TV is rallying around the 9/11 anni, but Madison Avenue hasn’t heeded the cry.
While broadcast and cable nets have prepped a plethora of memorial programs, advertisers, citing the matter of tone, are staying away en masse.
But, in fact, Madison Avenue had plenty of practical reasons to take the day off.
- Fragmented viewership. The heavy coverage is likely to find auds flipping channels more than usual.
- Demo disadvantages. Auds that day will likely skew older, as news programs often do.
- Transitional blues. 9/11 is sandwiched in the middle of one of the year’s most dismal TV weeks, when repeats are the norm before the new season begins.
So, for Madison Avenue, taking 9/11 off may be, quite simply, a logical time to save money. Advertisers will save (and networks will lose) $50 million-$60 million that day.
The few companies that have stepped forward to advertise on 9/11 already had some kind of relationship to the attacks of a year ago.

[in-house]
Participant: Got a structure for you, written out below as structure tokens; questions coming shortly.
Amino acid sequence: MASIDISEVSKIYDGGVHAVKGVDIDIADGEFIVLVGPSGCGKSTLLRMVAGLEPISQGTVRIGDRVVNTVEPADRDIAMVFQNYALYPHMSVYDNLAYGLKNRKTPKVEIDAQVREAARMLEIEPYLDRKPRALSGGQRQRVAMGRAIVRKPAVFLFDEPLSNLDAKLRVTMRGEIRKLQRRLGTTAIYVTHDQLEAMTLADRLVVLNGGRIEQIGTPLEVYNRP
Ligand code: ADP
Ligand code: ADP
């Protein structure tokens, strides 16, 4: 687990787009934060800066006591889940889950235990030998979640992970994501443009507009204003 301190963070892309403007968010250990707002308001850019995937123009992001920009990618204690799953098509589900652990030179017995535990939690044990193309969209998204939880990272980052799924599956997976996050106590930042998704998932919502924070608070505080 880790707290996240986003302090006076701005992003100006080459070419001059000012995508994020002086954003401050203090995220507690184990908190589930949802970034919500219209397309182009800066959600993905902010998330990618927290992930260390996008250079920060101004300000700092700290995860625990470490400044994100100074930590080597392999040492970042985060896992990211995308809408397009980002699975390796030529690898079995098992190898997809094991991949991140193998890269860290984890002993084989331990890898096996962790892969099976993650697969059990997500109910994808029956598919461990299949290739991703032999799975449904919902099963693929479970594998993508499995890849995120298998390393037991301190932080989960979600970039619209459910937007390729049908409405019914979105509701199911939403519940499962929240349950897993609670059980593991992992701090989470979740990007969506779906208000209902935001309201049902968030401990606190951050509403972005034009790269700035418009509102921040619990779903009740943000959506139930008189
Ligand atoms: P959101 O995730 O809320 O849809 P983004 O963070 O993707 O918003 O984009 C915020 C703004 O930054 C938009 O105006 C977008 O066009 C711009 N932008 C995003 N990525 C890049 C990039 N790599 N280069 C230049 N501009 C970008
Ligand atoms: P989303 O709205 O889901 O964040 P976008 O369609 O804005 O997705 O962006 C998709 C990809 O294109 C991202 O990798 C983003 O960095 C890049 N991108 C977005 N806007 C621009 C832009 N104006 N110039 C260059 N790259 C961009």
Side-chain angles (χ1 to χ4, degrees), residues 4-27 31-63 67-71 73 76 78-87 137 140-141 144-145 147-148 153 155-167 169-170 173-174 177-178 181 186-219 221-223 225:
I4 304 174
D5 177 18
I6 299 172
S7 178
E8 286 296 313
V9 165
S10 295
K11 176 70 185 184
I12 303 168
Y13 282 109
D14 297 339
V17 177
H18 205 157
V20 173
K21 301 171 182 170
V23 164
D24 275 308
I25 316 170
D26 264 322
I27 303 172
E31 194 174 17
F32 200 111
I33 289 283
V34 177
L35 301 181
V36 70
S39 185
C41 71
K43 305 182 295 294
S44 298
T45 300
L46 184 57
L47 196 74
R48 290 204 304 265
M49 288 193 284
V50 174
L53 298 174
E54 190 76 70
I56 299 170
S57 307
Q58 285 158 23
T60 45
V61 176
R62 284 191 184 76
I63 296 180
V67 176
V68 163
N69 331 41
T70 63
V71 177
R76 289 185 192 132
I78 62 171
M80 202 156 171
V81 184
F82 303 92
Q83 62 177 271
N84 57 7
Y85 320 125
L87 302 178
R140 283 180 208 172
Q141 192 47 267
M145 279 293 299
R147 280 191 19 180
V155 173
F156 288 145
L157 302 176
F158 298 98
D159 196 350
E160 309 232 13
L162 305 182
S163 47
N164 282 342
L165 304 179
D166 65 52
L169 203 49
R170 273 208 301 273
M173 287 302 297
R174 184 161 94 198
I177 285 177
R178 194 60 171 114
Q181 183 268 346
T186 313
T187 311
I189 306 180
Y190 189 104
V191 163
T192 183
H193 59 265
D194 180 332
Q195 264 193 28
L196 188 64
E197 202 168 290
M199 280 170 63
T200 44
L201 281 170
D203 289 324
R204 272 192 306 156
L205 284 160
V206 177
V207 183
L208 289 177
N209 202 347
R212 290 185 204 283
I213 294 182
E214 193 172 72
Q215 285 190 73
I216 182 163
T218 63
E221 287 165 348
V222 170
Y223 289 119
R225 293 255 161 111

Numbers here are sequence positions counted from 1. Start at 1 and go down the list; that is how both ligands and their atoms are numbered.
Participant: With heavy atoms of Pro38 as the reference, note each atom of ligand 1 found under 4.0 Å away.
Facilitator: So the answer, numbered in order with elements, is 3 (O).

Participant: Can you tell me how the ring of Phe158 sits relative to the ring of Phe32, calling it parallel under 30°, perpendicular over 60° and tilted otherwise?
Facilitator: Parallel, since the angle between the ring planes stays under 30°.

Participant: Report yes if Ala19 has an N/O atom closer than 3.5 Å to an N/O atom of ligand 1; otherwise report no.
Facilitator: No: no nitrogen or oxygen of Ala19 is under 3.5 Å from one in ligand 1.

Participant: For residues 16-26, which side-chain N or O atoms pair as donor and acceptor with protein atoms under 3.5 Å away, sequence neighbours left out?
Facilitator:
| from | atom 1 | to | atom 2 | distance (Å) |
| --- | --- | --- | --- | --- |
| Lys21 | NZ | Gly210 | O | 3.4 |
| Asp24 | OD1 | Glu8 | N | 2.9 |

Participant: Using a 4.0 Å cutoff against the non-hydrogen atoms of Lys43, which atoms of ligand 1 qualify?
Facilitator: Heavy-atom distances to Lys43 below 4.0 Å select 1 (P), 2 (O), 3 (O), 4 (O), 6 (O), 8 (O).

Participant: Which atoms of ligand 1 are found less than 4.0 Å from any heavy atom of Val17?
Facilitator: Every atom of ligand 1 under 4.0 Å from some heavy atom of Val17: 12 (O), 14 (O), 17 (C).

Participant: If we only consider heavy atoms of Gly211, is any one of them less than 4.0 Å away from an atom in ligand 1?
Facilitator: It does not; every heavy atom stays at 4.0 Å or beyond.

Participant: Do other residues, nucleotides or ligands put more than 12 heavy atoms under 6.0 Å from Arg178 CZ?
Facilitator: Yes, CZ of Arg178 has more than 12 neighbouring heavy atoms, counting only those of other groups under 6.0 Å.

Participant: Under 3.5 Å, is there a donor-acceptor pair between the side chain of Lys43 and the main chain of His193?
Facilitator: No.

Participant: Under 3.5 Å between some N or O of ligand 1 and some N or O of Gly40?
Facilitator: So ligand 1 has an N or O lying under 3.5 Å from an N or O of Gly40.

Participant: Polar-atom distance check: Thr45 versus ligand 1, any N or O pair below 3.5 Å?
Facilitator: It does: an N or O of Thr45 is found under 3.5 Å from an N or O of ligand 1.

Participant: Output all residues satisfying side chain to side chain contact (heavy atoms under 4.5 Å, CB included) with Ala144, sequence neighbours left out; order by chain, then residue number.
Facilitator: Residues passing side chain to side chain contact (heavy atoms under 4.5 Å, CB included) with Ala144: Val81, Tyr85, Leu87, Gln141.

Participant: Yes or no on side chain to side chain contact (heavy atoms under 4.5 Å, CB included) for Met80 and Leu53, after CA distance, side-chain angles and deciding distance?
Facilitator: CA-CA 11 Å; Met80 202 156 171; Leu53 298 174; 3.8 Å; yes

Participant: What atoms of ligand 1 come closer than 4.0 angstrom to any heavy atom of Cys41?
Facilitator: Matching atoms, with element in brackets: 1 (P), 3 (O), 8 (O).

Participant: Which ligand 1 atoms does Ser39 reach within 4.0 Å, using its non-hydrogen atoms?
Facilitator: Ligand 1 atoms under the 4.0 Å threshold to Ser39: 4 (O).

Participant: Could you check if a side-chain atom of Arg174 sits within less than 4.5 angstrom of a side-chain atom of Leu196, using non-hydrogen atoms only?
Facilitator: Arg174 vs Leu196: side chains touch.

Boeing (which is sponsoring coverage on NBC) had its planes hijacked and crashed into the World Trade Center and the Pentagon. Nextel (a CBS sponsor) handed out thousands of its cell phones to emergency workers during rescue and recovery operations. The New York Stock Exchange (a CNN sponsor) lost many of its associates in the WTC attacks.
But other companies associated with 9/11, such as airline companies and investment banks, will forgo advertising on the anniversary, underscoring that above all, a sense of prudence prevails on Madison Avenue.
“When people aren’t sure about something, they usually do nothing,” says former ad firm honcho Bob Schmidt. “That’s definitely the ad business way.”